Thursday, October 29, 2020

Nana Has Been Released

Imagine you are sick, helpless, and have a very short time left to live.  Would you prefer to spend your remaining days with strangers or with family and friends? What if an unknown, unelected, unaccountable government employee had the power to lock you in your bedroom for eight months, declare your family to be parasites, and only allow people they deem "essential" close to you.  They arrogantly decree their draconian rules are for your safety and any questions to the contrary are threatened with fines.  This is the hell my mother has endured.

She is living in a wonderful assisted living facility with the kindest people in the world.  It is where she needs to be, yet, what the government has forced upon all of them in the name of "safety" is unimaginable. 

Due to the coronavirus, the facility was forced to lockdown at the beginning of March "for only two weeks" - a lie straight from the pit of hell.  The front door was closed and none of the inmates were allowed to leave for any reason other than a doctor's appointment; however, "essential" persons by the hundreds could enter and exit at will.  In their off time, they could shop, travel, walk through crowds, spend evenings with family members (who had also been in public places), and then as soon as they clocked in, they magically became "essential."  I am family and labeled "nonessential" therefore, I am hazardous.  

The staff works intimately close with everyone because it is necessary to assist during baths, hair washing, and dressing; however, during lockdown, for some strange reason, haircuts were not allowed. No one could get a haircut even though it is hygienically necessary.  Ask any nurse, they will tell you it is important, but no one asked them because bureaucrats are in charge.

The activity room was deemed off-limits because it might be unsanitary so the daily activities were held in hard metal folding chairs in the middle of the busy hallway where the nursing, maintenance, delivery, kitchen, office staff plus "essential" visitors had to step through the middle.

Meals were no longer allowed in the dining room and were moved to the bedrooms.  That meant all of the services and the personnel performing the work had to shift.  Inside my Mother's bedroom, no fewer than 12 "essential" personnel from three different shifts entered daily yet I could never once step inside the front door.  They were:
  • Morning and evening nurse - administered medications
  • Kitchen staff - delivered and removed three meals.
  • Medical staff - temperature was taken twice daily.
  • Housekeeping - room cleaned once a week and trash removed twice daily.
  • Laundry - picked up and dropped off once a week.
  • Maintenance - changed light bulbs and made other repairs.
  • Activities Director - checked in twice a day in an attempt to encourage socialization and ward off depression.
Every staff member was compassionate because of what had been imposed by tyrants on the helpless people they cared about.  They could see the pain caused by the loneliness but were unable to stop a government with too much power.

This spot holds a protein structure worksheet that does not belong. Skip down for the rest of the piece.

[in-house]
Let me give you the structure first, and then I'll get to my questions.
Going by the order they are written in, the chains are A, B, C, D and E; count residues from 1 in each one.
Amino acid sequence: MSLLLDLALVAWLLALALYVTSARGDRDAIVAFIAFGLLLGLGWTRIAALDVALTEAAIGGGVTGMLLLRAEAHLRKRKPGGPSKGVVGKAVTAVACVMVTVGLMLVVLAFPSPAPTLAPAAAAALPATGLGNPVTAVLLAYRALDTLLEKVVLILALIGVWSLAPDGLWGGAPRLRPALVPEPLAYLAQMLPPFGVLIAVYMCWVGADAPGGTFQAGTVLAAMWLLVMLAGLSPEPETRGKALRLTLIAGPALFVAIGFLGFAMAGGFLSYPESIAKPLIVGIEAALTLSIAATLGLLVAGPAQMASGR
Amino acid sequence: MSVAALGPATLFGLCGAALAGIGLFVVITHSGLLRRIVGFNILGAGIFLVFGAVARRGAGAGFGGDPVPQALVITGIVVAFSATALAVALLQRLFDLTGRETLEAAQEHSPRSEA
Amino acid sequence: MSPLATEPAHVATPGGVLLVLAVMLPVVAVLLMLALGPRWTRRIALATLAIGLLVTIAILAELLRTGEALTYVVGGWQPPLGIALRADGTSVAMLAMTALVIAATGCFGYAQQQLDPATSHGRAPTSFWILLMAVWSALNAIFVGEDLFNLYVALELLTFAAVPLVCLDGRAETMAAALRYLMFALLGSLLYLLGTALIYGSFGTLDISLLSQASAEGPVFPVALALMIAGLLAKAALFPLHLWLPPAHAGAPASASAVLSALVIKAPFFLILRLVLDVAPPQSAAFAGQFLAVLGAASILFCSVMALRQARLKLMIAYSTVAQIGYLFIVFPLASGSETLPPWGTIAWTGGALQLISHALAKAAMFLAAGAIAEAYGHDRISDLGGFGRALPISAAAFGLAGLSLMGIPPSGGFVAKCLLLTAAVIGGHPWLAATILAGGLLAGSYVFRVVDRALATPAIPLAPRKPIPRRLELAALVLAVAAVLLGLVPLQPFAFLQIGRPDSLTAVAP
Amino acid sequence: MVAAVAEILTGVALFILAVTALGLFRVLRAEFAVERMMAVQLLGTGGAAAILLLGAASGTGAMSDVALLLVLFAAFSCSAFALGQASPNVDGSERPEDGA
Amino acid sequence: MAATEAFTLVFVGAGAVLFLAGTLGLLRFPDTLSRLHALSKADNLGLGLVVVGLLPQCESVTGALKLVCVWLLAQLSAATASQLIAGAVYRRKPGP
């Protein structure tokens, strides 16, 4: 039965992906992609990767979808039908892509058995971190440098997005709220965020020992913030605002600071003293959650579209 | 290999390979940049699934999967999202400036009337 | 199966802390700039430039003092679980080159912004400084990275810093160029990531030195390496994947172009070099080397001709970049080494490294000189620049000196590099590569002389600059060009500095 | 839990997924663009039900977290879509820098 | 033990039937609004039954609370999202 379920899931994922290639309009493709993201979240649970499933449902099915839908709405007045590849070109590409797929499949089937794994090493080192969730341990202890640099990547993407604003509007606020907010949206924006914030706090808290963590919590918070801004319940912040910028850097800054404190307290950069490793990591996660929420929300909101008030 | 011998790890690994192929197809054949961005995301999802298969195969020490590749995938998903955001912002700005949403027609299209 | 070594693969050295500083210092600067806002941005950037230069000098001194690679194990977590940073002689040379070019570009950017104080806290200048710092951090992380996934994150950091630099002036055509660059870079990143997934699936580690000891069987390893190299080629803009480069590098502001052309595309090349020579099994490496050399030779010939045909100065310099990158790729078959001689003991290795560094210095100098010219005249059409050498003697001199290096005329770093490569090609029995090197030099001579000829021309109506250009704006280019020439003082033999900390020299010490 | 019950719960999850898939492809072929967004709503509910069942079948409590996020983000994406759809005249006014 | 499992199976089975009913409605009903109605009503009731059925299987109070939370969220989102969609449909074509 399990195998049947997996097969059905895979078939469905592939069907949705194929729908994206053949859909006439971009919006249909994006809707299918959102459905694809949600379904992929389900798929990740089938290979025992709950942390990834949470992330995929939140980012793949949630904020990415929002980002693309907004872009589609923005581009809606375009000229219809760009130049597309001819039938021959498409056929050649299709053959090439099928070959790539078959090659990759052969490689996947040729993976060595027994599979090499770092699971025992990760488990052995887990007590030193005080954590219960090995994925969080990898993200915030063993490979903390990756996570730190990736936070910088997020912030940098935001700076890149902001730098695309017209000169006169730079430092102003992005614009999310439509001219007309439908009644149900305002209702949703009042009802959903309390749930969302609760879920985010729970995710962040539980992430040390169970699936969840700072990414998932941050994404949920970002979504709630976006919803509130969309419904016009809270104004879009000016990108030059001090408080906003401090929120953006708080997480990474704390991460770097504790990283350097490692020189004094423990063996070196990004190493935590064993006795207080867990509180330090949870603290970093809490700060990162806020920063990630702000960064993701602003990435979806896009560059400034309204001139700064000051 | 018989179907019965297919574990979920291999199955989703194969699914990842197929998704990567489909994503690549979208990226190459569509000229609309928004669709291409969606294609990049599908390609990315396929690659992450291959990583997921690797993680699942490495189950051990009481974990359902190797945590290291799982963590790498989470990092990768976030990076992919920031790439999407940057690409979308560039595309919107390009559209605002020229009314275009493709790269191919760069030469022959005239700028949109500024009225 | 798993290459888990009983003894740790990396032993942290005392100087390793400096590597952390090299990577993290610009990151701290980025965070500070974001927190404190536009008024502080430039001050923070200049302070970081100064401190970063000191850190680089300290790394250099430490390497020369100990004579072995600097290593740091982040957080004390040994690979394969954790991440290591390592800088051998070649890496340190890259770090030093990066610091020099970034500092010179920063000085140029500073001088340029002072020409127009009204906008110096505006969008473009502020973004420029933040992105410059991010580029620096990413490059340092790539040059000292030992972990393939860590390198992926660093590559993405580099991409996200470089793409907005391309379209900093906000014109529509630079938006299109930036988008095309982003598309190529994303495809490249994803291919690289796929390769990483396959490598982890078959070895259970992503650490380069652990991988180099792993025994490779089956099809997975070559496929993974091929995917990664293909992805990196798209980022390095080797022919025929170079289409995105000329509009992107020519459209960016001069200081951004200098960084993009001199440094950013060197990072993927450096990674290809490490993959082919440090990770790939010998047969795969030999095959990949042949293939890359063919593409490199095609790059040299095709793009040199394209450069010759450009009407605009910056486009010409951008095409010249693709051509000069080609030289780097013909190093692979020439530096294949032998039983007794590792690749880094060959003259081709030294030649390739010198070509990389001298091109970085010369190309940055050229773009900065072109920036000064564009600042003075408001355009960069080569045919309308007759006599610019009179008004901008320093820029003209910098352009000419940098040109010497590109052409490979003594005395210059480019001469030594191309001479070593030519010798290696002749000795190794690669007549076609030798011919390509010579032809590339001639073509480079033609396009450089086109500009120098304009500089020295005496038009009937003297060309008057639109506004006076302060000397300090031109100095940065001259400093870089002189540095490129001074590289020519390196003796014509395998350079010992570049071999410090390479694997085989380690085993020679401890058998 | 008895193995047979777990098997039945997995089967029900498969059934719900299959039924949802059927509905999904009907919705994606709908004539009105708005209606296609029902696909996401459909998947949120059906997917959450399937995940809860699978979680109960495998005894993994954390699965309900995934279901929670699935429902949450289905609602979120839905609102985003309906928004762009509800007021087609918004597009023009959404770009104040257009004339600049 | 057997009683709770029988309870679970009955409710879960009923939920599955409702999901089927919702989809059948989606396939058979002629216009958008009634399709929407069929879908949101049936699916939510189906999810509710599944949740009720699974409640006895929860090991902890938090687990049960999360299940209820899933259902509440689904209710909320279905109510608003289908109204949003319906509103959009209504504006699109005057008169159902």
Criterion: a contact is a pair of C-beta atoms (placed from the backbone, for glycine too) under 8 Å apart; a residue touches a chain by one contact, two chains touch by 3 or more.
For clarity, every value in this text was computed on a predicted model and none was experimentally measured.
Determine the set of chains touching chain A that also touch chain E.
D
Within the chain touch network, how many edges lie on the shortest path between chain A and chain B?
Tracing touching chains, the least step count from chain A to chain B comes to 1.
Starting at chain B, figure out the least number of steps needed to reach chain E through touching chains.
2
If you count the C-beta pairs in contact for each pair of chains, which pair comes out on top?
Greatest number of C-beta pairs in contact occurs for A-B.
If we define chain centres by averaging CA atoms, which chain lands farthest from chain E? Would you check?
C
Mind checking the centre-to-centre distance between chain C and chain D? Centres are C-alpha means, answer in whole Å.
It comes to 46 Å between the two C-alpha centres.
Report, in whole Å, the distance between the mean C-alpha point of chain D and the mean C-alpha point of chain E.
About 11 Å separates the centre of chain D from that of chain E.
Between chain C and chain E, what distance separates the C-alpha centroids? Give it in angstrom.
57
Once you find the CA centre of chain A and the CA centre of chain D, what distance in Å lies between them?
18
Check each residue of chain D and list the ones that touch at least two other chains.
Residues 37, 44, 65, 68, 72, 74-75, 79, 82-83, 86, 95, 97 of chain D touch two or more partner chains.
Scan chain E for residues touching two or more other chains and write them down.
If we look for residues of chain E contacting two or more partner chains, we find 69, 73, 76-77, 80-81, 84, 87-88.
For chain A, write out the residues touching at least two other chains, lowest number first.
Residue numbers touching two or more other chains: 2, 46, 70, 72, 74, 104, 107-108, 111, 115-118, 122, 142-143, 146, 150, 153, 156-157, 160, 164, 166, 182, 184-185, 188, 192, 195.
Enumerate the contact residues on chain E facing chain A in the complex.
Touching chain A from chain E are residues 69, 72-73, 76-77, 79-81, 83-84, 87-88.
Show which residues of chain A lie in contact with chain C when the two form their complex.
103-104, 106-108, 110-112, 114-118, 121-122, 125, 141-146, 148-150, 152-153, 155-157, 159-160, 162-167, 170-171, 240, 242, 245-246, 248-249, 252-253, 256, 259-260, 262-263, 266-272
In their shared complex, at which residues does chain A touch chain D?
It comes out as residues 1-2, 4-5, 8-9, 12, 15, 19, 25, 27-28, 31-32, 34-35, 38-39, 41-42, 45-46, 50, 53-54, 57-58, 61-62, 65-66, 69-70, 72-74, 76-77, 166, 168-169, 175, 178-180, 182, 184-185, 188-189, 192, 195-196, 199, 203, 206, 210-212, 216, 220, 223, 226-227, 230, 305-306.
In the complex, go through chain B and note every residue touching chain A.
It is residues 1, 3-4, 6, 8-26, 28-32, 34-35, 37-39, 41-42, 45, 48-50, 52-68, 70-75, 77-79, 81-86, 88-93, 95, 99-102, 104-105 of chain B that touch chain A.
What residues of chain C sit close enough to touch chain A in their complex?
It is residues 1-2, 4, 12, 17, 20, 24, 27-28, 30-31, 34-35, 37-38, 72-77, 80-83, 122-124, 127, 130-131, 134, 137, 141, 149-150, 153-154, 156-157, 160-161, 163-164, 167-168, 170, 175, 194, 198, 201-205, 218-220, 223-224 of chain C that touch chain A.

In an attempt to alleviate melancholy, the staff moved this couch to the front window. The occupants were able to chat on the phone while their families stood outside the window.  Mother is almost blind and this was not a comfort to her.

Finally, after eight months in jail, Mom was released last weekend...sort of.  I was allowed to visit if I promised to wear a mask, stay at a safe distance, and not touch her.  

I do believe the Chinese Coronoavirus is real and is deadly.  When it first arrived on our shores in February, extreme caution was warranted.  It was an unknown bioweapon and we were unprepared.  Now, our medical doctors have studied it, know how to treat it and the survival rate in the US is 99%.  It has become a pandemic of fear and those in power have capitalized on it to seize more power.  Will we be locked down again every time there is a dangerous flu season?  Never again should we destroy the healthy by quarantining them in hopes of stopping what might or might not happen. This cure is worse than the disease. A freedom relinquished is a freedom lost.  We have lost so many freedoms here in America it is horrifying.  

All I wanted was to be an "essential" person and be allowed to spend a little time with my mother like hundreds of others.  Why was that so bad?

Wednesday, October 14, 2020

A Lost Turtle

I consider my yard to be mine without realizing it is also home to many other creatures who also claim its ownership.   Earlier this year, we moved the compost pile to the back corner of the garden and put railroad ties around it. There is a permanent tunnel under the fence in this spot leading into the woods and no matter how many rocks or buckets of dirt are dumped, the gap reappears.  The railroad ties seem to have stopped the tunnel digging...for now.  

A big, dangerous snapping turtle showed up confused by the mountain now blocking his normal route into the woods.  He looks like the one which climbed our front yard fence but I'm not sure - they all look the same to me. What a face!

I cleaned out a lower part of the fence row to give him a new path for which he expressed no gratitude. He promptly disappeared. He either wandered under the daylilies or became perfectly camouflaged on the rock but he was gone in seconds. 

Wonder where he will appear next?